Joseph Hernandez and his wife of 47 years were preparing for retirement and discussing how they would celebrate their 50th wedding anniversary. At 67, Joseph was full of life and had just received a clean bill of health from his doctor.

Joseph loved people, and he devoted his life’s work to helping others build strong families. While attending a conference this past July where he was teaching on how to help families thrive, Hernandez became ill and passed away. In the blink of an eye, an undetected aneurysm took him from his bride, his family, friends and colleagues.

In the midst of tragedy, meaningful moments can offer powerful takeaways about living life.

When Mrs. Hernandez realized something was wrong and called the ambulance, team members and colleagues who had become friends immediately surrounded her. Some put their dinner plans on hold when they realized what was happening. Friends rushed to the hospital, orchestrated phone calls and tried to thoughtfully anticipate potential needs.  Although they had no idea what to expect, they wanted to be there and offer support.

Joseph left this earth doing what he loved, surrounded by the people he loved. While remembering him, many felt it was amazing that he died doing what he was most passionate about. They discussed the importance of doing what you love and making the most of every day. “Life is short,” they said. “Make what you are doing count.”

While it is hard to believe that Joseph is gone, it reminds those left behind to focus on what really matters in life – relationships.

At the end of the day, the relationships we cultivate make life rich. Life’s pace seems to move faster and faster. Relationships are often neglected while people pursue career aspirations, take care of children and fulfill community commitments.

Have you told your loved ones how you feel lately or taken time to catch up with a longtime friend? Have you forgiven those who have offended you? It is easy to assume there will always be tomorrow, but there is no guarantee.

Have you ever felt the nudge to visit a sick friend or provide child care for a busy parent? Have you thought about calling someone just to check in? If so, did you talk yourself out of it because it would throw your entire schedule out of whack? Or maybe you thought you weren’t the right person, wouldn’t know what to say or that it might have been awkward somehow. Perhaps you look back and wish you had taken the time because everything else wasn’t that important. You might even understand that whether you had the words or not, your presence would have been comforting.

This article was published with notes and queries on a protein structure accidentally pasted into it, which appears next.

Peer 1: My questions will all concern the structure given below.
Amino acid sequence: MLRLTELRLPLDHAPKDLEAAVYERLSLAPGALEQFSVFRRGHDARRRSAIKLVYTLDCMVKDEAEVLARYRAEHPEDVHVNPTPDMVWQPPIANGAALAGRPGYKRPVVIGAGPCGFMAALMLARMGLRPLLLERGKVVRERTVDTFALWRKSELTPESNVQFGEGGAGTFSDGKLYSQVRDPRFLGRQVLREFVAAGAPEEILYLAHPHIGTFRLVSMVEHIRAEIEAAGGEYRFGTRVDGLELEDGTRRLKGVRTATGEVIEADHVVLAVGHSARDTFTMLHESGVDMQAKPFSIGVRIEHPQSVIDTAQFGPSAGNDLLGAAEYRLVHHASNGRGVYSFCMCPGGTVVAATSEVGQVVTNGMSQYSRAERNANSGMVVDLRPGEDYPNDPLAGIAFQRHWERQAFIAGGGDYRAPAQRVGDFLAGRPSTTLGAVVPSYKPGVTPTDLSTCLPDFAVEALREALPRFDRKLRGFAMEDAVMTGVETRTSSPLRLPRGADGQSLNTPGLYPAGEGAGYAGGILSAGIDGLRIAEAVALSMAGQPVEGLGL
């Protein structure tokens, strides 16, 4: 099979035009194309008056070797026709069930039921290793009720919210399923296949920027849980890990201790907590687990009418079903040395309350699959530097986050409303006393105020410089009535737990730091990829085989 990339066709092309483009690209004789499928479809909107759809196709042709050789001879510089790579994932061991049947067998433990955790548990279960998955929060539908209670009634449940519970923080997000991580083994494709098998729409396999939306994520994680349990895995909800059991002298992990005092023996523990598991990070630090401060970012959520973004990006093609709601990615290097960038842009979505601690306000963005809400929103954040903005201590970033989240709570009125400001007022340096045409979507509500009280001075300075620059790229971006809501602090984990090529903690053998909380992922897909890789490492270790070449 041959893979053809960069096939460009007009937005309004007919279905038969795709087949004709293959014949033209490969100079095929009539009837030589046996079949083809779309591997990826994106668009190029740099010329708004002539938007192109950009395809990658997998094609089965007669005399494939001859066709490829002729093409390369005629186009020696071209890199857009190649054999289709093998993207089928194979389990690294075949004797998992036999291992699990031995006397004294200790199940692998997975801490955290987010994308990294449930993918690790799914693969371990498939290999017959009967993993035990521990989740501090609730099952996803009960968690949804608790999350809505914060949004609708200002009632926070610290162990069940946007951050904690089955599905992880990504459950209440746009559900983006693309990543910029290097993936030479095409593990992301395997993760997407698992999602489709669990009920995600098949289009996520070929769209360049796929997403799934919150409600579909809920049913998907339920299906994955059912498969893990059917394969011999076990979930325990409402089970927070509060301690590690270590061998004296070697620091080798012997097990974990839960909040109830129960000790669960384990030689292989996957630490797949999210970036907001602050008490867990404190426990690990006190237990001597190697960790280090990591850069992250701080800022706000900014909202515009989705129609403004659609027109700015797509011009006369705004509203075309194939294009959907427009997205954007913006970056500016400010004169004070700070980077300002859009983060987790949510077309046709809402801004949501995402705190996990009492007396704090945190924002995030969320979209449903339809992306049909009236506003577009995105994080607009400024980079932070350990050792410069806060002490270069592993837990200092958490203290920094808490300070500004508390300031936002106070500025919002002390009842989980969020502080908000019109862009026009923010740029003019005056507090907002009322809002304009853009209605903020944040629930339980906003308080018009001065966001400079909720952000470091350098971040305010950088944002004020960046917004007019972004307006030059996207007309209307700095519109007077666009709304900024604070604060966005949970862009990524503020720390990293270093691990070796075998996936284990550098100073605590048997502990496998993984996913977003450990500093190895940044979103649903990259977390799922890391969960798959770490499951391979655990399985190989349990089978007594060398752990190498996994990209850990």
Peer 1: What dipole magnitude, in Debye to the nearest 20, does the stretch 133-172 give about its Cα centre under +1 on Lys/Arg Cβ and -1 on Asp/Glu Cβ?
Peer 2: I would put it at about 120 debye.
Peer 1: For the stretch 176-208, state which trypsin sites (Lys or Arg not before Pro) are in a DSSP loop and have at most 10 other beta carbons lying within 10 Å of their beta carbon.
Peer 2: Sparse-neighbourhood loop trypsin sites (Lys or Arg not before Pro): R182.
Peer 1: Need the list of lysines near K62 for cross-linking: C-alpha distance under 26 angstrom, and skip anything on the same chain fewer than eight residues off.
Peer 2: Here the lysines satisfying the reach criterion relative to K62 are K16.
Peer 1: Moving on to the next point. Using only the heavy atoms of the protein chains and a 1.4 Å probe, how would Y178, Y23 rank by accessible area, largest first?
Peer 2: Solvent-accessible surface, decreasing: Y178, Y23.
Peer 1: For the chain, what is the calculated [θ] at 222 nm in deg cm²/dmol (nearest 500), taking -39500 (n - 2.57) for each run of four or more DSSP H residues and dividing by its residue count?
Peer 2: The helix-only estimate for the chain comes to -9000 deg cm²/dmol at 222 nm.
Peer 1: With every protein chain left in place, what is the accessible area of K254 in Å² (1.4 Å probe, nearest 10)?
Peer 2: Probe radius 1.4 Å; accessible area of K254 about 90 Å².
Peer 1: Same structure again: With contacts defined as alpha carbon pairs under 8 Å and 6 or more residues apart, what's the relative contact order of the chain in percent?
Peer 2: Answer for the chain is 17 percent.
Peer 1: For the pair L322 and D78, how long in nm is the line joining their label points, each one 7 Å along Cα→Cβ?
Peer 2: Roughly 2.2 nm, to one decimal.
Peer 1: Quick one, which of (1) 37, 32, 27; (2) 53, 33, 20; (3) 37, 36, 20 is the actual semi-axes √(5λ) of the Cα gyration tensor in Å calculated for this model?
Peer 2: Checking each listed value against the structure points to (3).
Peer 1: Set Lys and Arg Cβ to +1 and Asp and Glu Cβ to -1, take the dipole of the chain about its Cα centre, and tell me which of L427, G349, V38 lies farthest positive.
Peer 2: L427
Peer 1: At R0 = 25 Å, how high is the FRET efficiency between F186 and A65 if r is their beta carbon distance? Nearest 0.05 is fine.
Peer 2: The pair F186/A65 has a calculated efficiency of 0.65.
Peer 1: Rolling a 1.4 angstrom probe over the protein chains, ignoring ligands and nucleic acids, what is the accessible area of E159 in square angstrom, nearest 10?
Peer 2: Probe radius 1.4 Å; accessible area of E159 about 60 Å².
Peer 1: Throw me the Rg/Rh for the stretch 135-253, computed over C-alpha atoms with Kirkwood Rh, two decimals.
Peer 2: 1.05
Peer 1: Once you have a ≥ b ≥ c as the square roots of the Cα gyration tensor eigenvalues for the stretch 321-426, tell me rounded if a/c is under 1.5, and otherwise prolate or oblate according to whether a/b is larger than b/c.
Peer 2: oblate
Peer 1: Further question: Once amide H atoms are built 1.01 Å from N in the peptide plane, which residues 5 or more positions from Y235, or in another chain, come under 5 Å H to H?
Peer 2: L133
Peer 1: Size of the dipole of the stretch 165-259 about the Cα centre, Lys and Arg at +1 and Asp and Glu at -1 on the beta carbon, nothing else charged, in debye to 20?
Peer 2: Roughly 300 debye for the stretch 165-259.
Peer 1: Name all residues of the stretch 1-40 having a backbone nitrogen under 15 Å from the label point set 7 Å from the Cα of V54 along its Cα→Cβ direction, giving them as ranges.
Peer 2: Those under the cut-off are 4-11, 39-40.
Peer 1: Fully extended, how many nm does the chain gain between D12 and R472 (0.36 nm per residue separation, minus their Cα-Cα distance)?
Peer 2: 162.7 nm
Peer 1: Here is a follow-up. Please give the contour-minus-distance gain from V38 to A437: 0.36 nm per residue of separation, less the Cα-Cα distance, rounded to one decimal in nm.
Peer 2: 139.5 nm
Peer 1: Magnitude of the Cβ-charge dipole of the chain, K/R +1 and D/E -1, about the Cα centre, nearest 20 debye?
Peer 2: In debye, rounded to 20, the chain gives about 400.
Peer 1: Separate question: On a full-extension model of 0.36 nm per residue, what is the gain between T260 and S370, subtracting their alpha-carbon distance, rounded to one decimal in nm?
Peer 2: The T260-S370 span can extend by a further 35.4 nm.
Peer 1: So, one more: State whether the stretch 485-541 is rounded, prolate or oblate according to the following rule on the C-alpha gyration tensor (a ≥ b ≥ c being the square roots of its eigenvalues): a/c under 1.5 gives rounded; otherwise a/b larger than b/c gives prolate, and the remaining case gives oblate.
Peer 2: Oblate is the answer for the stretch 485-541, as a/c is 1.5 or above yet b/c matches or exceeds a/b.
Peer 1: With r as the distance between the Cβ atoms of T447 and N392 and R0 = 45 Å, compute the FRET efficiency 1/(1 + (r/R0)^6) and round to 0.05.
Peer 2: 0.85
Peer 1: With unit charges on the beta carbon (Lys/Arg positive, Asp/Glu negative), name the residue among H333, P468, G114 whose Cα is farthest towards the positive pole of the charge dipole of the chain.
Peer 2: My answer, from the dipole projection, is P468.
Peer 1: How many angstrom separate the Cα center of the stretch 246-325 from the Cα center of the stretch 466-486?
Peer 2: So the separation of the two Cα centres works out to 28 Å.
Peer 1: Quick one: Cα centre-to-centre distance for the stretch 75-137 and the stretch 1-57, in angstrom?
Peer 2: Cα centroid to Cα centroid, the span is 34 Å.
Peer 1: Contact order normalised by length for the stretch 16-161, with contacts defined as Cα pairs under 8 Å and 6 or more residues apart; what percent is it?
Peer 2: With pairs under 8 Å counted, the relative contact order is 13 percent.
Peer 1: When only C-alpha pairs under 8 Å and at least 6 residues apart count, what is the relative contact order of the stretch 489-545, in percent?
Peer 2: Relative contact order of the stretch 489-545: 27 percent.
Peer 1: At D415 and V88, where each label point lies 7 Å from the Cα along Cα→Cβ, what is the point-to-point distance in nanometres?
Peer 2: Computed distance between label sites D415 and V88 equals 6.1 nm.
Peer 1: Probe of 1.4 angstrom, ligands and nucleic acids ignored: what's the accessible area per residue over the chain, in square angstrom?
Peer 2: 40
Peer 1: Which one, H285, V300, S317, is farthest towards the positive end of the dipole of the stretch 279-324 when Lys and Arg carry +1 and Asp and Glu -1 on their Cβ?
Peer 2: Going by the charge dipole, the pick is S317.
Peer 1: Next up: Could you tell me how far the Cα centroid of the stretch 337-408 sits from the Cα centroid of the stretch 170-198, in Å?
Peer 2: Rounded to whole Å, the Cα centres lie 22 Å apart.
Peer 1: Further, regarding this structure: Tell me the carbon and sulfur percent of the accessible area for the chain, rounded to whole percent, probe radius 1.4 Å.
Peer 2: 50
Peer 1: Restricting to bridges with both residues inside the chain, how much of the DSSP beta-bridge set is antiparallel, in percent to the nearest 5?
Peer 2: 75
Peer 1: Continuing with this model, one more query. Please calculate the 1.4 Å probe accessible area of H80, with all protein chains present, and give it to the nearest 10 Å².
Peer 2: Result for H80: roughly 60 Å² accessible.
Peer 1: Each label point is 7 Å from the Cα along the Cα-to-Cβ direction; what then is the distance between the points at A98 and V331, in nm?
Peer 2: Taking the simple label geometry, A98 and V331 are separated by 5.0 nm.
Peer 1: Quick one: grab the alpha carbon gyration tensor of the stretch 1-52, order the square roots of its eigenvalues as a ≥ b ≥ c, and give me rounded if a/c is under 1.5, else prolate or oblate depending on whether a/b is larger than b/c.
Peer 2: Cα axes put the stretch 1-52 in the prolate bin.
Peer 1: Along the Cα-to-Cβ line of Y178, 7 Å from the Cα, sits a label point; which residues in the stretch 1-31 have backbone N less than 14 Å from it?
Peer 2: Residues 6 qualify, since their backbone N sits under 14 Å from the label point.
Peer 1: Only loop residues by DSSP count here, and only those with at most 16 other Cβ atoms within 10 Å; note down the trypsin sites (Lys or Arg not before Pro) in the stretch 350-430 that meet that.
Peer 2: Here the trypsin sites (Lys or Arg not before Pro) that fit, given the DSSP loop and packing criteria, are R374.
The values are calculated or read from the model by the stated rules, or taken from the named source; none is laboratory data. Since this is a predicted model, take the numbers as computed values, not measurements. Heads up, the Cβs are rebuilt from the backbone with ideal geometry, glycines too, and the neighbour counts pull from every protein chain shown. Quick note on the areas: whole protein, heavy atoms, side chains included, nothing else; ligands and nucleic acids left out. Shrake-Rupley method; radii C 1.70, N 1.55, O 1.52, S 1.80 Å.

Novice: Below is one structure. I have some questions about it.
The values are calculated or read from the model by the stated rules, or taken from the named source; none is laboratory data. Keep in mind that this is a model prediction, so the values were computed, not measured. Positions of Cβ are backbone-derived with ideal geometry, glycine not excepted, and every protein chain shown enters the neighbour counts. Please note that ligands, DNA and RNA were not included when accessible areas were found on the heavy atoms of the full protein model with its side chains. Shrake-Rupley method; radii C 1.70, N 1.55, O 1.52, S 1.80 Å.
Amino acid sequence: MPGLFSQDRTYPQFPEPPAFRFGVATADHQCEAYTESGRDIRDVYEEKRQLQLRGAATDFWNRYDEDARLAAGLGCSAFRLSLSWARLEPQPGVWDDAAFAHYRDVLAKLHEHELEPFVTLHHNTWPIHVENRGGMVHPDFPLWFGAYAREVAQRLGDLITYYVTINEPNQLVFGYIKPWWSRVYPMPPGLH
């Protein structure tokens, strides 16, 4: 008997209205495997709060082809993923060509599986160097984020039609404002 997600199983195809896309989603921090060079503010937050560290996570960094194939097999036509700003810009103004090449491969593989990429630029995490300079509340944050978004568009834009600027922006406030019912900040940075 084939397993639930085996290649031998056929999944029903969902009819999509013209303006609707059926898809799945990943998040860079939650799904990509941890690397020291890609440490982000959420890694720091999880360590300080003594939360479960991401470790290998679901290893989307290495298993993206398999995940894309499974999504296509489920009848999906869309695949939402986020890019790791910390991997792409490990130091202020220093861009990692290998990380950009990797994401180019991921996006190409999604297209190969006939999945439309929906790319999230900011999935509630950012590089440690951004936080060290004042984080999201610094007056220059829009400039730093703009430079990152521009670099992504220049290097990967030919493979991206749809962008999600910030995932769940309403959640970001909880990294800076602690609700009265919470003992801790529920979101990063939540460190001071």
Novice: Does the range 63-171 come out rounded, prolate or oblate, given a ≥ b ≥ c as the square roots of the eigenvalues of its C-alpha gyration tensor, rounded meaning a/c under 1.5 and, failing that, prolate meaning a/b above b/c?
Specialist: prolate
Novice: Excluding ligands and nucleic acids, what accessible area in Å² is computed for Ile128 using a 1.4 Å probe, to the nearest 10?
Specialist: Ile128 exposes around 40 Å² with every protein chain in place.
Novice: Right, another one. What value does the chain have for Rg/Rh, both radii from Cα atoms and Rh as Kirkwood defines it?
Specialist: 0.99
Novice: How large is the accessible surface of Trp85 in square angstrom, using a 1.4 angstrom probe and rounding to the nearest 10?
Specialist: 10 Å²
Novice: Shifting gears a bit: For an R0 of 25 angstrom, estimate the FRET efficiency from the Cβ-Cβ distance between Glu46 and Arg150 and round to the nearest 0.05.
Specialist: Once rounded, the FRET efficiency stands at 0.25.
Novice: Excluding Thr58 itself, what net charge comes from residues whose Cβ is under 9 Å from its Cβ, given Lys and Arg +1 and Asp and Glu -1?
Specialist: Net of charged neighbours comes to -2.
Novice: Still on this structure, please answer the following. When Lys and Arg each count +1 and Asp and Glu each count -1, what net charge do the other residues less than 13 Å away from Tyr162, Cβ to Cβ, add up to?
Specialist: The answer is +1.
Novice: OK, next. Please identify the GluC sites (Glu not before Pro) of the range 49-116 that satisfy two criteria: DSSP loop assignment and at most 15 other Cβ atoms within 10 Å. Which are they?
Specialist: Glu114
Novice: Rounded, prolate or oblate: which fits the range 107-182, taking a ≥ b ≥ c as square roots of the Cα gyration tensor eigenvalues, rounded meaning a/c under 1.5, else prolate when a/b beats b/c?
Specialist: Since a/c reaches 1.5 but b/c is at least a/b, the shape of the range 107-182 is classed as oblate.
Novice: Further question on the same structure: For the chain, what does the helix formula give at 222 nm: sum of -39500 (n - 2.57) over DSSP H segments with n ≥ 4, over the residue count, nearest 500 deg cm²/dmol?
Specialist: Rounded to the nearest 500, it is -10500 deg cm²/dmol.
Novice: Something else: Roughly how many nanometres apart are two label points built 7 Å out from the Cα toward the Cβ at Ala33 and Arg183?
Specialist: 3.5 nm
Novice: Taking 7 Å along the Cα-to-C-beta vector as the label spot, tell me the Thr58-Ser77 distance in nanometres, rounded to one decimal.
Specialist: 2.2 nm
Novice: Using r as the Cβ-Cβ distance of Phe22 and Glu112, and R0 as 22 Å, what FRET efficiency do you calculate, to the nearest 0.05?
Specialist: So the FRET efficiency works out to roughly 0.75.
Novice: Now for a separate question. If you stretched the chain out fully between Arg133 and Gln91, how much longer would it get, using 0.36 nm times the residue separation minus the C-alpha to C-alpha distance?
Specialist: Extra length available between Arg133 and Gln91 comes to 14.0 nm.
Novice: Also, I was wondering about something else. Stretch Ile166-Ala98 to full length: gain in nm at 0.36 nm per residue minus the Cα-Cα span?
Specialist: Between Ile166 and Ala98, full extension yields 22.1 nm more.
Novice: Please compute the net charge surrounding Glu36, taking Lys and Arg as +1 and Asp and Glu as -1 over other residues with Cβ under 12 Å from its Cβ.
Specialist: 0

During the ordeal and its aftermath, Mrs. Hernandez said it meant a lot that people came to be with her, knowing they had stepped away from important work.

Simply being willing to show up says you care. Life is short, so make your moments count.

Do you ever wonder at the end of the month where in the world your hard-earned money went? It’s like money is falling out of a hole in your wallet!

Consider this: if you buy a cup of coffee for $1.96, one chicken biscuit for $1.99, and a $3 magazine, you’ve spent almost $10 at the drop of a hat.

“Little expenses really add up,” says Laura Coleman, personal financial educator with LFE Institute. “Most people don’t think about where their money is going. They make money and spend it, but they don’t have a system for managing it.”

Coleman worked with one couple living paycheck to paycheck. With five children and a sixth on the way, the couple’s goal was to live on one paycheck so she could be a stay-at-home mom. When Coleman started working with them, they had basically decided they had to have a second income.

“Money was causing a lot of conflicts and they had no idea what was happening with their finances,” Coleman shares. “They moved to a smaller home, lowering their monthly payment and got rid of a vehicle, but still needed two incomes. I worked with them to open communication and develop an overall strategy to find extra money and plug leaks. Within a short amount of time, we found $1,600. They were shocked.”

Coleman contends that two of the biggest issues for couples concerning money are different spending styles and lack of open communication. When people don’t have control over their money and have no idea where it is going, they buy things they can’t afford, use their credit cards as part of their income, and there’s never anything left to save for the future.